It's really difficult to say a great seal more without giving major spoilers! So forgive me from being vague, but if you read The Rain, you just have to read The Storm, it answers all the questions you wanted to ask after finishing The Rain. An unlikely old friend (I know I am using the term friend loosely her, you'll understand when you read the book) is looking for Ruby, wanting to tag along with her. Ruby is suspicious as the "friend looks like they have been living in much better conditions than she has. This friend tries various stages to reveal what went wrong at the place she was at before but circumstances never seem right so Ruby ends up learning for herself the horrors her friend has seen and heard about. They end up at a party house for a while but things end badly with the friend getting wet. That's how Ruby ends up on the other side of the fence and she discovers "Sunnyside". A place with a cute name but not a place you want to see let alone stay! We also meet some newer characters in this book that are very important to Ruby. However it seems these people are as shallow in the apocalypse as they were in the "before". In fact they end up disappointing Ruby in what I would say is a major way. When she really needs them, they have just gone.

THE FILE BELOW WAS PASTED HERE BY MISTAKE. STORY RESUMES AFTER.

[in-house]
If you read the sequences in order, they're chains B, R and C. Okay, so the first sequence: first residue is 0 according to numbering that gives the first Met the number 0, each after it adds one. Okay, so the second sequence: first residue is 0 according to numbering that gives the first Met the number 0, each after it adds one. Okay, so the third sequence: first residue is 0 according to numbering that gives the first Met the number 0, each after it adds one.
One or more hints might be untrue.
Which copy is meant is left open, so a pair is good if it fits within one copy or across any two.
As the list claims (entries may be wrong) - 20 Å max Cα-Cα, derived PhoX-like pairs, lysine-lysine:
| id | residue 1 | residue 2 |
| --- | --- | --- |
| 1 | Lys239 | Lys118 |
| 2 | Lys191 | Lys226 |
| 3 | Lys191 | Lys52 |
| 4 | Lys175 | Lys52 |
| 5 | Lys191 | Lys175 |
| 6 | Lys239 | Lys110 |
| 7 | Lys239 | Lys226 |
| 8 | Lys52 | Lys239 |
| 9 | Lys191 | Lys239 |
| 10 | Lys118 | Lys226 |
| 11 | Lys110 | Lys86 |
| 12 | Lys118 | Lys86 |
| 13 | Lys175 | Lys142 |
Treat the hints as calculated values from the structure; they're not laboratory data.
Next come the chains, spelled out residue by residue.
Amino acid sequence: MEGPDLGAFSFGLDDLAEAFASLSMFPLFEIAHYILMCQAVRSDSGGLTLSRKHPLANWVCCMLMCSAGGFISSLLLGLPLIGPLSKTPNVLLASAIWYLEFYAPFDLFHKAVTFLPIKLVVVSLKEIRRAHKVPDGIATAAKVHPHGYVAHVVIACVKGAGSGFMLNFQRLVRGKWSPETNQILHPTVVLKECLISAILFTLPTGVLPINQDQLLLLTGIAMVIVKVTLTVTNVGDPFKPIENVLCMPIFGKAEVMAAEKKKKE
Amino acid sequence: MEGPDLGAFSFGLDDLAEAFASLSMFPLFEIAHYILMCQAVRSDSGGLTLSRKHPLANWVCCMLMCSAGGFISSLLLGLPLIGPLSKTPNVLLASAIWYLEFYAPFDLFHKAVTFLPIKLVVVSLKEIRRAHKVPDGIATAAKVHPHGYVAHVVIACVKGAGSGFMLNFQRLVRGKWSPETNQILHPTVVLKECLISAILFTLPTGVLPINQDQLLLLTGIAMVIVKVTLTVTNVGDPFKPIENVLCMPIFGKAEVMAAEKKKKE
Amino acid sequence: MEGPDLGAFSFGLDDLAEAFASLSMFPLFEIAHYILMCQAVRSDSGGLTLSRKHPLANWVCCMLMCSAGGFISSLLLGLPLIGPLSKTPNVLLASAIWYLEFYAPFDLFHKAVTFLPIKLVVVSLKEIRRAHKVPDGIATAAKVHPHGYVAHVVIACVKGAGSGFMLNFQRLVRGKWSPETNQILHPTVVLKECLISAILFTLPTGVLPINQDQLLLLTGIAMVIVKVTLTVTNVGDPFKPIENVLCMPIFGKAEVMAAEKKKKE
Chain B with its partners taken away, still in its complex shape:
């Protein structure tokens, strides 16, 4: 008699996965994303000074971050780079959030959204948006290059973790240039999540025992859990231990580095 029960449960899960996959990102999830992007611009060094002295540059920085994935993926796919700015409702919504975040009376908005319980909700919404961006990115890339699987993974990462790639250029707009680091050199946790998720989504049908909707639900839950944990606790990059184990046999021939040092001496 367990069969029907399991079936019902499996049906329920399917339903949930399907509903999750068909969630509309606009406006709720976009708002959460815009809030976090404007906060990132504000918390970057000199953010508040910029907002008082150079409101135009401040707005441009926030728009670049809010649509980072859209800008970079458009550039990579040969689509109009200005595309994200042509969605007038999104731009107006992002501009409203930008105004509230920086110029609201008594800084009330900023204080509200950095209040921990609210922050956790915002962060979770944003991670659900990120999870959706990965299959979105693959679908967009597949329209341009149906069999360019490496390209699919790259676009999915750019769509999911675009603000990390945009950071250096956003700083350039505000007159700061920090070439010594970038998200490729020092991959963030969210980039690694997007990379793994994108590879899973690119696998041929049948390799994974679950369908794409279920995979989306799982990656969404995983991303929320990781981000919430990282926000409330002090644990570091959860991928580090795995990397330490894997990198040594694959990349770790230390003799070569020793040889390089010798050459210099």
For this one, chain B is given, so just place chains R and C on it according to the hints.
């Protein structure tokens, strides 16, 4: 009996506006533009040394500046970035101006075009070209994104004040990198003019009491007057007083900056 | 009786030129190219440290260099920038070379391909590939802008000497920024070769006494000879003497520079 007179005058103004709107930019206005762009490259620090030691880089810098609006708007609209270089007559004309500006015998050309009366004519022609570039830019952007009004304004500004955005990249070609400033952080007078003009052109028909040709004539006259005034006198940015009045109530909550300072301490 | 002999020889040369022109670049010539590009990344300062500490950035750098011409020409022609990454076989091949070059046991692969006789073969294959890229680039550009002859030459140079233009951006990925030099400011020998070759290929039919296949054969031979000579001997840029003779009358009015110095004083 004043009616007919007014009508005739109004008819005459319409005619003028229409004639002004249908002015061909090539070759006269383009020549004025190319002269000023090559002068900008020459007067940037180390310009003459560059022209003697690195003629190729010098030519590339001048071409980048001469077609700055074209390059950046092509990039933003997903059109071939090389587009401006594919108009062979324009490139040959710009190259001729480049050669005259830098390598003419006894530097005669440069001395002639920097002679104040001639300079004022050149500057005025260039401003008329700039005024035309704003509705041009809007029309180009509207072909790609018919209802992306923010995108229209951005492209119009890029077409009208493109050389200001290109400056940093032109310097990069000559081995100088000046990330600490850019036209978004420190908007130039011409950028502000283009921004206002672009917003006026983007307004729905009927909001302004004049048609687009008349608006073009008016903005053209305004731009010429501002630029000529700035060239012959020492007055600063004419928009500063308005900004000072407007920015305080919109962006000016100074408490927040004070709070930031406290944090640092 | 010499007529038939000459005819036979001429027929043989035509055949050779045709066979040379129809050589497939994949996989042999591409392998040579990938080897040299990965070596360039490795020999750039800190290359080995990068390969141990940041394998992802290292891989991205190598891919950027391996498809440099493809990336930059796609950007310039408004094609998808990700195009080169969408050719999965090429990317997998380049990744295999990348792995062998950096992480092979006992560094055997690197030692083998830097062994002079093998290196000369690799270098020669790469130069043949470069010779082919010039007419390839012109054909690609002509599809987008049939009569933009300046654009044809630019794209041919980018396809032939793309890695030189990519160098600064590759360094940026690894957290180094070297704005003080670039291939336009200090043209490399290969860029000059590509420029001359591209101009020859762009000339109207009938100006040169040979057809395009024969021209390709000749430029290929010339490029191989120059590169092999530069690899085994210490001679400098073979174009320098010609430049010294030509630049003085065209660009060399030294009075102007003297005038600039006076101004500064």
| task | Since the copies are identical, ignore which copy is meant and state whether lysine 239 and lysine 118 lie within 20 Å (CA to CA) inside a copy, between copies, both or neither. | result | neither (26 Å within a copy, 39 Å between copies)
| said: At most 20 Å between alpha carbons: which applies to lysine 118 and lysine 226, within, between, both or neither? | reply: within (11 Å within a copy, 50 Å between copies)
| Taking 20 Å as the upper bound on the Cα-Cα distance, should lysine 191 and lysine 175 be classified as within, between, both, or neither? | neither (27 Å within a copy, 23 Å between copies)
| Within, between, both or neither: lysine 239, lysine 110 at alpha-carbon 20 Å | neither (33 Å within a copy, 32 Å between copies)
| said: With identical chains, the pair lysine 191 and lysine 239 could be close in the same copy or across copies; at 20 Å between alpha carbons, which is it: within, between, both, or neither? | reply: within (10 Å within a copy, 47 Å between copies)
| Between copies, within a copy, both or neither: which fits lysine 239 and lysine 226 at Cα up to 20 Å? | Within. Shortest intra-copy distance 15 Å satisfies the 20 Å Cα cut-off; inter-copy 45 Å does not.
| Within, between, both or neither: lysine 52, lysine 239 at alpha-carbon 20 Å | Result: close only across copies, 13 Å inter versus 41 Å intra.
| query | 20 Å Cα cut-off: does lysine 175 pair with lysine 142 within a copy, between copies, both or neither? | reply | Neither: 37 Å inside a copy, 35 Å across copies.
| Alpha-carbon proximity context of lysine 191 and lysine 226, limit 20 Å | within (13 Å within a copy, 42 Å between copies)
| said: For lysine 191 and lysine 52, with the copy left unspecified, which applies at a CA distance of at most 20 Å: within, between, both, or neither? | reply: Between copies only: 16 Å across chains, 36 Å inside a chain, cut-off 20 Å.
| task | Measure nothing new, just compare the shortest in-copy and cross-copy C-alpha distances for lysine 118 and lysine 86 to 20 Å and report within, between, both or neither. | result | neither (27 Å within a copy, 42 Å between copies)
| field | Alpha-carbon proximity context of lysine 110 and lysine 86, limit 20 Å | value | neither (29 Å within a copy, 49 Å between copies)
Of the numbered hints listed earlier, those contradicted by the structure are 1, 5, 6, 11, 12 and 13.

I think Ruby is a strong female character, she is much stronger than she realises herself. There are a few emotional moments in the book too. One is where Ruby leaves her house, which also means saying goodbye to room that has become the tomb that contains her mother, step dad Simon (whom she came to rely upon and was increasingly emotionally attached to in The Rain) and of course and perhaps the most difficult to leave her baby brother Henry. Even though Ruby cannot bear to go in the room, she finds leaving the house, their tomb and them behind extremely hard. The most poignant part of farewell is when Ruby kisses their bedroom door and vows to never forget them. This was a real tear jerker section of the book. This author cleverly takes us the reader through a whole range of emotions. I also enjoyed the smaller moments in the book, where when Ruby and her friend are in the party house, the "leader" Xar is watching a programme/dvd of large animals hunting ie the whole "survival of the fittest" scenario. I mean how ironic that Xar wishes to watch this kind of scenario when it is basically happening all around him. Xar is a rather strange man/boy who welcomes the apocalypse, he believes the human race deserves the killer rain, that it is somehow part of a larger plan that so many humans should die in this way.